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Privately insured becoming more dissatisfied with health care costs

NEWS IN BRIEF — Posted Dec. 10, 2012

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People with commercial health insurance are growing less satisfied with the money they pay out of pocket for medical services, while those on government programs are more satisfied, according to a data brief issued Nov. 29 by Gallup.

Researchers surveyed 1,015 adults with employer-sponsored or individual private health insurance from Nov. 15-18. The proportion with private insurance who are satisfied with out-of-pocket expenses declined from 68% in 2001 to 57% in the most recent survey. Satisfaction with the money spent among those on Medicare and Medicaid increased from 68% in 2001 to 76% in 2012.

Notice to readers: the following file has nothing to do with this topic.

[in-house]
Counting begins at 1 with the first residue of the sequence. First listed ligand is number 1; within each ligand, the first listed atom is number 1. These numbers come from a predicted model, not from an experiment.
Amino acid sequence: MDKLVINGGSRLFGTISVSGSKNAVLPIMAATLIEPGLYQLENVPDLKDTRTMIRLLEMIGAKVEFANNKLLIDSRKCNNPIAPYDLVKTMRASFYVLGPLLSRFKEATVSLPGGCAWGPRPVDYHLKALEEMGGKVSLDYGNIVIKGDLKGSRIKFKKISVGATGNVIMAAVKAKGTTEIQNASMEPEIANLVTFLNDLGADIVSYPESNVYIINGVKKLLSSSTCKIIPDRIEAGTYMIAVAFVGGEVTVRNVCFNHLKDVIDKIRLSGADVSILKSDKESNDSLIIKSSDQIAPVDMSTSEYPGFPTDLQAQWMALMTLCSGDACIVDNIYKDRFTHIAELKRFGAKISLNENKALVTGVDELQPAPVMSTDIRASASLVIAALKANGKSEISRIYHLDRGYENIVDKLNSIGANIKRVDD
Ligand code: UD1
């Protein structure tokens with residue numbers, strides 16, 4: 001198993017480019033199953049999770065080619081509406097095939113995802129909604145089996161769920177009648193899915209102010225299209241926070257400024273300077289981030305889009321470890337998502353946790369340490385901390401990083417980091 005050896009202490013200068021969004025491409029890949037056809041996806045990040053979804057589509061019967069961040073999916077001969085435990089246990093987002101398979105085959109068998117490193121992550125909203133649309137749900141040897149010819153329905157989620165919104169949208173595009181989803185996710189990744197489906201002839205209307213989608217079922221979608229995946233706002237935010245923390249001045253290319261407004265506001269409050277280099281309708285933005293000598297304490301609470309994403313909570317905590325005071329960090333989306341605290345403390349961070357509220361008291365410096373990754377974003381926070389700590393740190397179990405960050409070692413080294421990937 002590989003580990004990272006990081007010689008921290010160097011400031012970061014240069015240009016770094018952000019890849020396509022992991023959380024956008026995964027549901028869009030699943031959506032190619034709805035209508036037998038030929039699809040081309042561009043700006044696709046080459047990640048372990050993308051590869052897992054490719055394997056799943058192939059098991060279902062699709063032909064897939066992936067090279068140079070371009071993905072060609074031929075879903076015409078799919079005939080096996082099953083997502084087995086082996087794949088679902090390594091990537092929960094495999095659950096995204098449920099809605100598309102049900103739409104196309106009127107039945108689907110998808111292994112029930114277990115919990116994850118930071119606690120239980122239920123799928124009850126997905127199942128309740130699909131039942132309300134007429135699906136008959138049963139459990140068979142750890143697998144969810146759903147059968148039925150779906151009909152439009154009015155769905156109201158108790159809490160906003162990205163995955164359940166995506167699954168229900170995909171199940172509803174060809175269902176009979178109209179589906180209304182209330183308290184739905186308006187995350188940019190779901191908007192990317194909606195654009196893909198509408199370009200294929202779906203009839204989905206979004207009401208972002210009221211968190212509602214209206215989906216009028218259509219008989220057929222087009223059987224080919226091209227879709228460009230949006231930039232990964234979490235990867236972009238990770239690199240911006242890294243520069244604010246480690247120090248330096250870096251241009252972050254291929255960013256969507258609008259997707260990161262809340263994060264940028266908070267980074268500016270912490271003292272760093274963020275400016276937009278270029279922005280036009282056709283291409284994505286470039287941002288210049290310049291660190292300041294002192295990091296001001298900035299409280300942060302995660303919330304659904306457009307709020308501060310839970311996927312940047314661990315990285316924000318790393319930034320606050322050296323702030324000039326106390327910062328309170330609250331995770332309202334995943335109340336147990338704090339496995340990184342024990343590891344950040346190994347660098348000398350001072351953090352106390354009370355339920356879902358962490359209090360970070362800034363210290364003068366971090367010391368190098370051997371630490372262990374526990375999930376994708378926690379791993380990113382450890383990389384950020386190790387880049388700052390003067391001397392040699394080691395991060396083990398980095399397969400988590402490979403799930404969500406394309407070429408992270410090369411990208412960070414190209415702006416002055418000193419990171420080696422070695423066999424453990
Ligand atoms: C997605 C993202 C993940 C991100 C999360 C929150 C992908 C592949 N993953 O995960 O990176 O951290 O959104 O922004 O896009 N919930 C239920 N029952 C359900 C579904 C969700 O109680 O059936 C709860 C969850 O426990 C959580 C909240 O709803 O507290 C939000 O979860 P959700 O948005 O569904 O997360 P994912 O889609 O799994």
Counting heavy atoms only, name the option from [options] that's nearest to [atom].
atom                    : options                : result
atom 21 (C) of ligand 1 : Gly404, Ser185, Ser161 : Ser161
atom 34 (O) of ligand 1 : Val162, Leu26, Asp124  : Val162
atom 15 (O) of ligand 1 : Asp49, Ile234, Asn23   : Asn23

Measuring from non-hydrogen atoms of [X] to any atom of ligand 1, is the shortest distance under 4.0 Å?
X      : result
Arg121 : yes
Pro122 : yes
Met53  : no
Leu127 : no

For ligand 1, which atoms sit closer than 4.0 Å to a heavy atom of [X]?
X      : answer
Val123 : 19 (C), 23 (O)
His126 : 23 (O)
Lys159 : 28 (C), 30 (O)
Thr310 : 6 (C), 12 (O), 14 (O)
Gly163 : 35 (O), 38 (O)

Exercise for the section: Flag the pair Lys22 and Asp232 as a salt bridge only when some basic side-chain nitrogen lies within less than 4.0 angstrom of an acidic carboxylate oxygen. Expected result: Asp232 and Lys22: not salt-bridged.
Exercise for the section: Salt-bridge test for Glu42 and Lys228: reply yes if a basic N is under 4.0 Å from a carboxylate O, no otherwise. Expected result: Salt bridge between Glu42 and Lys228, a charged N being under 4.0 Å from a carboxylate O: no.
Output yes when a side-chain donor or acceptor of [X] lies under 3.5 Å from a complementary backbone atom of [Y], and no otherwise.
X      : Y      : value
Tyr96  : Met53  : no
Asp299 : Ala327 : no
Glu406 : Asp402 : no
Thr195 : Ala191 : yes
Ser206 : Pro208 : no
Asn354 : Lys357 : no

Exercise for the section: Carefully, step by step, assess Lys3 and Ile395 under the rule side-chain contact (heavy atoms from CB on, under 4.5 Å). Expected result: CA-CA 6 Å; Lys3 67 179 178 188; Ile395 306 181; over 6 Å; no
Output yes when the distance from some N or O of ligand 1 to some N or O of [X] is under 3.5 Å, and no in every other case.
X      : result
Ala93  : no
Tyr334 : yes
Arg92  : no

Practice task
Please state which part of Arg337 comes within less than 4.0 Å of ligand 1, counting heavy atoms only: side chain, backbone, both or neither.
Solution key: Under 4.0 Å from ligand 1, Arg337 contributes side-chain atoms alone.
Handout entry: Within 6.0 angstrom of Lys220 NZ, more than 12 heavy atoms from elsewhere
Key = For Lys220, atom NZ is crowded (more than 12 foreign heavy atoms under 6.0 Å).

Researchers believe these trends are a result of commercially insured people having to pay a larger share of premiums and other expenses. The survey also found that the proportion in a plan where the employer paid 100% of premiums declined from 19% in 2001 to 10% in 2012. The percentage sharing the expenses with an employer went up from 54% in 2001 to 64% in 2012.

Note: This item originally appeared at http://www.ama-assn.org/amednews/2012/12/10/bibf1210.htm.

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